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Environmental and Resource Economics

, Volume 64, Issue 4, pp 709–724 | Cite as

Using Taxes to Deter Illegal Fishing in ITQ Systems

  • Hugo SalgadoEmail author
  • Carlos Chávez
Article

Abstract

We study the effects of different tax schemes used in fisheries management in combination with an individual transferable quota system. We focus on the effects of taxes on equilibrium quota prices and on violations under the assumption that enforcement to induce compliance is imperfect and costly. The use of taxes is motivated by the regulator’s need to recover costs for enforcement activities. We propose the use of a tax on the price of the processed products based on its impact on violations and the information that is required to implement it. We also show that this tax has a double pay-off for enforcement because it reduces the demand for illegal fishing and increases revenue for enforcement activities without producing a deadweight loss in the quota market. We present an application of our model to the case of the red shrimp fishery in Chile. In our simulation example, a tax of 7 % on the price of fish exports could sufficiently reduce harvest demand and generate enough funding to completely eliminate quota violations, which, in the absence of taxes, can be more than 100 % of the total allowable catch. At the same time, this tax could increase the equilibrium quota price by 19 %.

Keywords

Taxes Enforcement Illegal fishing Individual transferable quotas 

JEL Classification

L51 Q22 Q28 

Notes

Acknowledgments

We thank two anonymous referees whose suggestions and comments have allowed us to improve the quality of the paper. We gratefully acknowledge partial funding received from the Scientific Millenium Initiative of the Chilean Ministry of Economics, Promotion and Tourism, under Project NS 100007 and from CONICYT/FONDAP/15110027. Chávez also gratefully acknowledges partial financial support from Conicyt-Chile under project Fondecyt No. 1110073. Salgado acknowledges that earlier research efforts for this paper were conducted while he was an Associate Professor at Departamento de Economía, Universidad de Concepción. We are also grateful to the language editing assistance provided to an early version of this paper by Jacy Brunkow from UCSB and to this final version by Cindy Berck from the Environment for Development Initiative.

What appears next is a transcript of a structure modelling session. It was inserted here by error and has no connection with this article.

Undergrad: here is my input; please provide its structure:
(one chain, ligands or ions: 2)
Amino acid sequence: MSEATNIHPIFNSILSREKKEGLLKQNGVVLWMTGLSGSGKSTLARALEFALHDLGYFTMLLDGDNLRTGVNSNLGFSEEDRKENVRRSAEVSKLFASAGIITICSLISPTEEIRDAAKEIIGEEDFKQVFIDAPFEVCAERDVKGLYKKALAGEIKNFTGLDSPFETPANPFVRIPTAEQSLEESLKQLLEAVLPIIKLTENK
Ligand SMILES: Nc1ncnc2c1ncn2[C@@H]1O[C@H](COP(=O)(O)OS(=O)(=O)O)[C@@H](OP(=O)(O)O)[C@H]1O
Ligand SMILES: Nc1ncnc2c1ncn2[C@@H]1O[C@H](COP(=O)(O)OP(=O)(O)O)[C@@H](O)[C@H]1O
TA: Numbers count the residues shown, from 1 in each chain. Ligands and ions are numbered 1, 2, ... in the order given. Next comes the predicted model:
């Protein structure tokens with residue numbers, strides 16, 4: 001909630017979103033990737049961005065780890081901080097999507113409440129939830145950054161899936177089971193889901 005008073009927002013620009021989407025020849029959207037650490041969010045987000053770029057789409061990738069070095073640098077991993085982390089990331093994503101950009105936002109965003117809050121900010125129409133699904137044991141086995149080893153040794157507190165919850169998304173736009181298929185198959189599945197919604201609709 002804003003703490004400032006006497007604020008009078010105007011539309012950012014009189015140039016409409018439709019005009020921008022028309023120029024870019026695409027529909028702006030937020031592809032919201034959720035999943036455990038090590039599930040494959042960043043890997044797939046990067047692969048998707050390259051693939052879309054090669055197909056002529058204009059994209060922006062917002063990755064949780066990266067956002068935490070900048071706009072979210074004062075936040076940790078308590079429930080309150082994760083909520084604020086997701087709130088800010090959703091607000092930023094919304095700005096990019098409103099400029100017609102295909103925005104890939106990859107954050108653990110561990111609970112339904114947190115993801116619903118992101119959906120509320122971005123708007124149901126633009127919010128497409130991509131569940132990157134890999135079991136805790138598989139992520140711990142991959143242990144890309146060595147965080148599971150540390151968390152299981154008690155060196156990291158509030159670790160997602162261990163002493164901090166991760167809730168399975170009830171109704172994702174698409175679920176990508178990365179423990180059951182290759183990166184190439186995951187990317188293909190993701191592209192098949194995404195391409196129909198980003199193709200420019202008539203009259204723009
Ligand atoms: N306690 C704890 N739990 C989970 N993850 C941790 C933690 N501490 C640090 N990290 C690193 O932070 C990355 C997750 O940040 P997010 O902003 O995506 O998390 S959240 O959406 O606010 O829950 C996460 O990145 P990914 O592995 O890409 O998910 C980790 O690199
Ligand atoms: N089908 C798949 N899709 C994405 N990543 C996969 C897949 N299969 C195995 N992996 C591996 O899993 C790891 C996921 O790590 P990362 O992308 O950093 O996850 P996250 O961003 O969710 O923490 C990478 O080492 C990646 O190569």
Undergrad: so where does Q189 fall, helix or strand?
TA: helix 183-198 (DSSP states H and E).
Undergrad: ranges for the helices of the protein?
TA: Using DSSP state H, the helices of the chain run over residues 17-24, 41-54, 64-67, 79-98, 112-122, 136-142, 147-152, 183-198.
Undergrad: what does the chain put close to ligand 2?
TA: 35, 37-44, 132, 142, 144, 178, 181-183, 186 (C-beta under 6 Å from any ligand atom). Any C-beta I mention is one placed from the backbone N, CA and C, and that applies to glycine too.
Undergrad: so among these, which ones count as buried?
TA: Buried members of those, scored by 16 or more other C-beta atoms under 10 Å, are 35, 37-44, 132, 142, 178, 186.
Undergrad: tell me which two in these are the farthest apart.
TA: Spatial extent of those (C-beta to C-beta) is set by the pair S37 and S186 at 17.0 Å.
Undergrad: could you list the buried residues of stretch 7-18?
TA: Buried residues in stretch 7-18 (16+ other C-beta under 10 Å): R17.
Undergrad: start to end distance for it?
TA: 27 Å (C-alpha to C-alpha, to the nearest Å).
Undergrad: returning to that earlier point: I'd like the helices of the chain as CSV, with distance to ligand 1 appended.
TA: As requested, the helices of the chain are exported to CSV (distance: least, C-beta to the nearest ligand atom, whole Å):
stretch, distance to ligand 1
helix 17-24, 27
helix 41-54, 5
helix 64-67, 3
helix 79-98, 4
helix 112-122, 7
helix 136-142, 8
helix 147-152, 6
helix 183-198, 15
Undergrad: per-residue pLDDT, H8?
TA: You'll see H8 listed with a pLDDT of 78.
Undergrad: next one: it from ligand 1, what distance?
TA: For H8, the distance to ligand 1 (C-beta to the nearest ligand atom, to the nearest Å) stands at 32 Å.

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Copyright information

© Springer Science+Business Media Dordrecht 2015

Authors and Affiliations

  1. 1.Facultad de Economía y Negocios, Research Nucleus on Environmental and Natural Resource Economics (NENRE) and Interdisciplinary Center for Aquaculture Research (INCAR)Universidad de TalcaTalcaChile
  2. 2.Departamento de Economía, Research Nucleus on Environmental and Natural Resource Economics (NENRE) and Interdisciplinary Center for Aquaculture Research (INCAR)Universidad de Concepción Victoria 471, Barrio UniversitarioConcepciónChile

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